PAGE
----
At the same time, Sky's expansion on the programming side has been so successful that it dominates the schedules on its rivals platforms - to the extent that according to Mr Booth, Sky siphons off 60 per cent of ONdigital's revenues.
One analyst said yesterday: "It is typically Murdoch to seek such close integration in all parts of the business." The Murdoch on show for the announcements, though, was not Rupert, but his daughter Elisabeth, Sky's general manager, who sat in the front row of the audience as her outgoing boss, Mr Booth, outlined his new deal.
Mr Booth said Sky has secured 551,000 digital customers since its launch last October, putting it on target to exceed the 1m target it has set for the year. The next step will be an enormous promotional campaign, with one of the biggest advertising budgets on record. Sky has already spent pounds 50m on promotion, and is about to invest another pounds 20m.
There appeared, yesterday, to be no regulatory barriers to Sky's new offer, with the communications industry watchdog Oftel saying it saw no reason for an investigation.
t German football supporters and tabloids protested strongly yesterday as Rupert Murdoch clinched the television rights for the European Champions League for his tiny, almost unknown TM3 women's health and lifestyle channel.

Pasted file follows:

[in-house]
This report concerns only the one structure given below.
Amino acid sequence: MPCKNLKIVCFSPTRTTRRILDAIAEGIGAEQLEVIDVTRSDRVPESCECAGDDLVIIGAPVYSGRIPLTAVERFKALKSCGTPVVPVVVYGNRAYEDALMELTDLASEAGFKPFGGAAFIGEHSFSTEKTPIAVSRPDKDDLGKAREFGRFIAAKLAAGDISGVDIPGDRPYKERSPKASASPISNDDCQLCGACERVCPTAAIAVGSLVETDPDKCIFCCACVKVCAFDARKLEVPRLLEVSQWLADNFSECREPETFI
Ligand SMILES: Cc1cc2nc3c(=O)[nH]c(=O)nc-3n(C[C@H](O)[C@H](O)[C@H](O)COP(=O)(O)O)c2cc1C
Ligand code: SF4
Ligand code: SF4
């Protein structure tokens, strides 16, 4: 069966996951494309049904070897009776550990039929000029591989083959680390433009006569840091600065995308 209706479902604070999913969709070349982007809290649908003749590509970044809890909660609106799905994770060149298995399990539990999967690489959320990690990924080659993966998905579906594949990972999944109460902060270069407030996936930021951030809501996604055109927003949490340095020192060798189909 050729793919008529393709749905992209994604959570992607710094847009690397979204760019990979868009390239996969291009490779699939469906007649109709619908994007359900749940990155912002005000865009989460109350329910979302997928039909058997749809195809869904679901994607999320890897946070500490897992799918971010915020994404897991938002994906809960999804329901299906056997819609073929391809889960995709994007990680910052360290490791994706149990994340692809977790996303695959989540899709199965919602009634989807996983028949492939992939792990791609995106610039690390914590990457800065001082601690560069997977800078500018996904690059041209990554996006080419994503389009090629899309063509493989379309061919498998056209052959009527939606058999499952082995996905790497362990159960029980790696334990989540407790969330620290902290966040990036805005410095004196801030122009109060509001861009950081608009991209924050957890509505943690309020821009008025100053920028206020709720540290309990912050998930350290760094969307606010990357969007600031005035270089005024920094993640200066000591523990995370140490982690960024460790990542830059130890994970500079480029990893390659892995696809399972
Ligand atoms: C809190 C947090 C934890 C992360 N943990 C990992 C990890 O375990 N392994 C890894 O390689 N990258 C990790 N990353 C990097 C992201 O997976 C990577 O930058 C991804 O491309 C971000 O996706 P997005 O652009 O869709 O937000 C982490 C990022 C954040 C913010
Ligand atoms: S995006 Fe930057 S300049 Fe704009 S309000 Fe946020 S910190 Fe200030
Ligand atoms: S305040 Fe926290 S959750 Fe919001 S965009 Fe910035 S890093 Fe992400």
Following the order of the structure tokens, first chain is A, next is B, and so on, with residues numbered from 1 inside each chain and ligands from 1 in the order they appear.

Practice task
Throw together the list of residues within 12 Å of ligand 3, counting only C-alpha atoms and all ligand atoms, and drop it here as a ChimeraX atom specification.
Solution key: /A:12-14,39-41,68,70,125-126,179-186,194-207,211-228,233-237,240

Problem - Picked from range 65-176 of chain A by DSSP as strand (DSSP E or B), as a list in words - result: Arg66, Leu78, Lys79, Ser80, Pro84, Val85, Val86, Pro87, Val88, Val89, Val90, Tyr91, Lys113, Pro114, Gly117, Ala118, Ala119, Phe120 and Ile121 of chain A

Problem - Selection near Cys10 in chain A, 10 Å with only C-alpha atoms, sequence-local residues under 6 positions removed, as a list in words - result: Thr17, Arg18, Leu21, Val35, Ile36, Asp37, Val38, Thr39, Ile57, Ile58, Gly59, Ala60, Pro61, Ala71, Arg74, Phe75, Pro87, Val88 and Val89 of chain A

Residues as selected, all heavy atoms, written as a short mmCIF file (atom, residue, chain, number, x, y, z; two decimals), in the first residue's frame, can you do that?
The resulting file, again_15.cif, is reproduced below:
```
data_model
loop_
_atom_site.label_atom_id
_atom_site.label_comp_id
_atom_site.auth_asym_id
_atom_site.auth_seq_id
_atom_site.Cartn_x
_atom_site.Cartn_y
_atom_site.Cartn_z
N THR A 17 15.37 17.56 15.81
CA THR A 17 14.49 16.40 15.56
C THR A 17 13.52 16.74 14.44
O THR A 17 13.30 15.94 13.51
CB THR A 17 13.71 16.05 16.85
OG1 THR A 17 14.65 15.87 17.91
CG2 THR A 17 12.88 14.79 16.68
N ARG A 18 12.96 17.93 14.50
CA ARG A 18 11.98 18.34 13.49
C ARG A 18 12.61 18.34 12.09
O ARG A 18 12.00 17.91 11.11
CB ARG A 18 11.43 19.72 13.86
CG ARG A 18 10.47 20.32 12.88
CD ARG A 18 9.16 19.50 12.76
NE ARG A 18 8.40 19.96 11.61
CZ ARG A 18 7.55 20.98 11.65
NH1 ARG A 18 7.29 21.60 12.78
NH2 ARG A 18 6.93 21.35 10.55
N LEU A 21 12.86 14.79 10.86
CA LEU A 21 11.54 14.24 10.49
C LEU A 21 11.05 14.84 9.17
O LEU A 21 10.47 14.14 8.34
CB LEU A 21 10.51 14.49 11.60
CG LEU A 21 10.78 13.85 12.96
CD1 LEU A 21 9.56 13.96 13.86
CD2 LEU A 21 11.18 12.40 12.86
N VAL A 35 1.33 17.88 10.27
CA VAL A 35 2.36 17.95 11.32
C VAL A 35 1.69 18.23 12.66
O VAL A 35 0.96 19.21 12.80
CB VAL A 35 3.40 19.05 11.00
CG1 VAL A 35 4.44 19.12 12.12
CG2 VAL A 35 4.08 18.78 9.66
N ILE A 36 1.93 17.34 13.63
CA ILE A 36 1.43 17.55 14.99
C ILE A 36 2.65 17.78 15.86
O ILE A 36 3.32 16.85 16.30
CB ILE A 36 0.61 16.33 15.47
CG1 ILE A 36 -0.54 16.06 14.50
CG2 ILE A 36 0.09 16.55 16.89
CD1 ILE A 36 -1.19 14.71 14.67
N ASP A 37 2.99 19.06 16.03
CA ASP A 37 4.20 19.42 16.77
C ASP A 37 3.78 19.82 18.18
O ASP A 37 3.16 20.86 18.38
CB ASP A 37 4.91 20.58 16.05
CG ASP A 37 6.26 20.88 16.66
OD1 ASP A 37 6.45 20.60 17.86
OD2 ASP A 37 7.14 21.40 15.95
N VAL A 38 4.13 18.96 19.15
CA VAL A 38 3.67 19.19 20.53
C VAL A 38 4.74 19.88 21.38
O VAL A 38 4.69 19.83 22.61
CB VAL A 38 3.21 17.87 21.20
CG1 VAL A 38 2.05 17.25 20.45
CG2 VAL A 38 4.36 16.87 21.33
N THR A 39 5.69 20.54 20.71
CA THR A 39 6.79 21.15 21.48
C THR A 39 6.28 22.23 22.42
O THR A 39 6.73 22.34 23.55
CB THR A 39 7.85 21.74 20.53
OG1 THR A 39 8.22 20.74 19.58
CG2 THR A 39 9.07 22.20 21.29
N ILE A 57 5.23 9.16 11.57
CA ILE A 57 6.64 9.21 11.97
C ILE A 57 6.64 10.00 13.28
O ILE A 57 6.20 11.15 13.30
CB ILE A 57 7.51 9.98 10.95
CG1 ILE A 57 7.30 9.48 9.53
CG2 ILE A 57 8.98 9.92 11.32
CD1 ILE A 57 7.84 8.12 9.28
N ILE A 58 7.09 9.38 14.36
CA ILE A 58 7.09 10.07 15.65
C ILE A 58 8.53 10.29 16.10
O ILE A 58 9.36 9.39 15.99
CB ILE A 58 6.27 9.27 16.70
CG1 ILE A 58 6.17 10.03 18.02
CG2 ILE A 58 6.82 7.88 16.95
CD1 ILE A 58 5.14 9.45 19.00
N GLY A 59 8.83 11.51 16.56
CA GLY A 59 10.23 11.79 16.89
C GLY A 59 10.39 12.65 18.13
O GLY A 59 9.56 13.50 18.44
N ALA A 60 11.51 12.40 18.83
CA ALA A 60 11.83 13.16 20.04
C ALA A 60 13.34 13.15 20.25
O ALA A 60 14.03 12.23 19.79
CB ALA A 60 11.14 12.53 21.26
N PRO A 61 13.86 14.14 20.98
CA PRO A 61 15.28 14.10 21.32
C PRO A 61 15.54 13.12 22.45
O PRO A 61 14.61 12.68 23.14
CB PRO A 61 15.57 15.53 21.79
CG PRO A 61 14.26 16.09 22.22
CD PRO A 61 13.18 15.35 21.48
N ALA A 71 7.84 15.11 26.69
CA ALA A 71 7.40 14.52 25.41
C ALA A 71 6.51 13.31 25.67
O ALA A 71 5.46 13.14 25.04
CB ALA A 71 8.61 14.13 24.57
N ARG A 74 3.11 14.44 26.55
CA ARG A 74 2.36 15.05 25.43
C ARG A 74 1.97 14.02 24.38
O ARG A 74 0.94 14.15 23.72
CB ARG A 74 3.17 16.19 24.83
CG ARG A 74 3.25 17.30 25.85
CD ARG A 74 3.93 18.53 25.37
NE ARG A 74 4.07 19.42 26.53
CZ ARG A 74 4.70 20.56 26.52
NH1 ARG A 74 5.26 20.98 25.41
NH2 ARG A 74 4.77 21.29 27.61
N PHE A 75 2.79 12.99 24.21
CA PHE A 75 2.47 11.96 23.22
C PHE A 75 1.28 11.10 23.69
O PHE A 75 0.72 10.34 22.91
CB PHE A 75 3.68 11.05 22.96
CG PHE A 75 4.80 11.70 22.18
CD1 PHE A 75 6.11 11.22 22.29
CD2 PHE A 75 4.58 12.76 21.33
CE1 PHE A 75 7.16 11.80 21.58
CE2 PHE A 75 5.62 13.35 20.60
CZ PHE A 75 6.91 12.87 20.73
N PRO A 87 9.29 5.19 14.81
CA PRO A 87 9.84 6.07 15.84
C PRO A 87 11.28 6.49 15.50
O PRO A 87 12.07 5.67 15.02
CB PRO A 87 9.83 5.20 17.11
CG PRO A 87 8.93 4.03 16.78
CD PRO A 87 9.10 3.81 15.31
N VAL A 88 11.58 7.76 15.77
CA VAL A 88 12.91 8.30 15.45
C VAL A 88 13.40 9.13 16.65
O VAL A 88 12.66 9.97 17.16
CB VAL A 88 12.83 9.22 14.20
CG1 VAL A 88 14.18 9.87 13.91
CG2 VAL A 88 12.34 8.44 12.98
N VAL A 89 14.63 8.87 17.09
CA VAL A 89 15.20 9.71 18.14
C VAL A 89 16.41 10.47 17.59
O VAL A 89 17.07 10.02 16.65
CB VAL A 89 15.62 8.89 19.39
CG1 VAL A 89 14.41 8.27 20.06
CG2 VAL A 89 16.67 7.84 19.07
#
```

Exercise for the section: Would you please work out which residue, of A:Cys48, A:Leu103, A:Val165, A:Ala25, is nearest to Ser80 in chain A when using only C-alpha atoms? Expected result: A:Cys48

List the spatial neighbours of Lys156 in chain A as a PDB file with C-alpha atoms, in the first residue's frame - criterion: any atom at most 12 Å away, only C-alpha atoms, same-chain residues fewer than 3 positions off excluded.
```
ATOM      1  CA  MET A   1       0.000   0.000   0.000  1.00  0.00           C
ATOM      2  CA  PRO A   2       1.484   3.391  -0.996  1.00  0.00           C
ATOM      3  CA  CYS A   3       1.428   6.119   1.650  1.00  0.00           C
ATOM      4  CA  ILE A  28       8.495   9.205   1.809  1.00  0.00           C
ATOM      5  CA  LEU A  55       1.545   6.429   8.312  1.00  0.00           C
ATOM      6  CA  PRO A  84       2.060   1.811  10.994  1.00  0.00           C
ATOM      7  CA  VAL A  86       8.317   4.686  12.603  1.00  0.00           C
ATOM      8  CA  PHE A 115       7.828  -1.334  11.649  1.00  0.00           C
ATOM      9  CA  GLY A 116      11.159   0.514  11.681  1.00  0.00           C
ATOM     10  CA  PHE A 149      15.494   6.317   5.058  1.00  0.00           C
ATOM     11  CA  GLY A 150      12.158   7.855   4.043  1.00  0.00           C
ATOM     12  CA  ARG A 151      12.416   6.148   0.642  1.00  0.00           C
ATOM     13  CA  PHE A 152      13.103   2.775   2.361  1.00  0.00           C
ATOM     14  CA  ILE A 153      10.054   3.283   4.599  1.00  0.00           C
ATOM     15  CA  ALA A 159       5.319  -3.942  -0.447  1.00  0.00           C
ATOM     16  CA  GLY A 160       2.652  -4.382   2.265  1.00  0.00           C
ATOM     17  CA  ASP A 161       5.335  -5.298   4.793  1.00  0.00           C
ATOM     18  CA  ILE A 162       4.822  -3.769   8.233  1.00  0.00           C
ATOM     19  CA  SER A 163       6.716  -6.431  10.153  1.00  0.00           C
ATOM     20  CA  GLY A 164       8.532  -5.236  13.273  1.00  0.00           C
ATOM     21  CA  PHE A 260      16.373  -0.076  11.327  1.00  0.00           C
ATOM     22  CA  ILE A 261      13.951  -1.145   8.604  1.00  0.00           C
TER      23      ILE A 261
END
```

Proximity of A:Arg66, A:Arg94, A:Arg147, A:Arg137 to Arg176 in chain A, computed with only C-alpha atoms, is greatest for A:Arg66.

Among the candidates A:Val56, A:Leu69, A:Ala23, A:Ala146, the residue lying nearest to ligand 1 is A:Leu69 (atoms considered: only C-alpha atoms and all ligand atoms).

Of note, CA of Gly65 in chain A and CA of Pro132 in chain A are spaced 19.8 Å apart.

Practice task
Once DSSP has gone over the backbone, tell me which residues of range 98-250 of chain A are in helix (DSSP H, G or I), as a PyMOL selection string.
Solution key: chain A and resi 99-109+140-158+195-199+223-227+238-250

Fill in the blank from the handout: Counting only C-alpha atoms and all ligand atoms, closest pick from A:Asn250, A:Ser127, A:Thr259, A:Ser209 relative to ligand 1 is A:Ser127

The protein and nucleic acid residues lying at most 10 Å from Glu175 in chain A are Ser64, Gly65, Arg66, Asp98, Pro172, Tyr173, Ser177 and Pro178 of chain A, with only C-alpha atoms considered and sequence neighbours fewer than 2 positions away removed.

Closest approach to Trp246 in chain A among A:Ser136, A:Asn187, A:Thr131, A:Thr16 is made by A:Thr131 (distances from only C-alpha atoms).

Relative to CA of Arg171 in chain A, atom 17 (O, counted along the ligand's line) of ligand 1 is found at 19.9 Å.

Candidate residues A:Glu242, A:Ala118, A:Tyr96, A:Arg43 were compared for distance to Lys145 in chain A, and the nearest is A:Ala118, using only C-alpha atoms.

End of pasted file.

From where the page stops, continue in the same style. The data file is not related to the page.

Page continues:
The country's most popular newspaper, Bild, carried the headline "TV shark Rupert Murdoch raids Germany".
News analysis, page 18
THE THREE CHALLENGERS: WHICH IS THE BEST?
pounds 40 if you subscribe to a Sky package.
pounds 100 if you only take free to air channels
A satellite dish and a set-top box connected by a length of cable installed by an engineer.
pounds 6.99 For 20 basic channels including Sky 1, UK Gold, History Channel, Discovery.
The service which has it all, including an unsightly dish and the probability that once Sky has dispensed with the competition, charges will go through the roof.
pounds 199 or free with purchase of a TV worth pounds 200 during May.
DIY installation of set-top box connected to existing aerial
pounds 7.99 for 15 channels including some free ones like BBC News 24 and Sky 1, MTV, Cartoon Network and UK Gold.
Looking like the BSB of the Nineties, it may not go the way of the `Squarial' because eventually analogue transmissions will be switched off OnDigital will be the easiest thing to switch to.
Free for those who have signed up to cable since October last year. pounds 40 to other subscribers.
Cable going down your street and a set top box - the cost of which is covered by monthly subscriptions.
Likely to be pounds 9.99 for five channels including Sky News, UK Horizons and ITV 2, in addition to free terrestrial channels
Could be Sky's real competition but will launch a year late and relies on Sky for movies and sport. It's future may rely more on telecom and internet services.Reuse content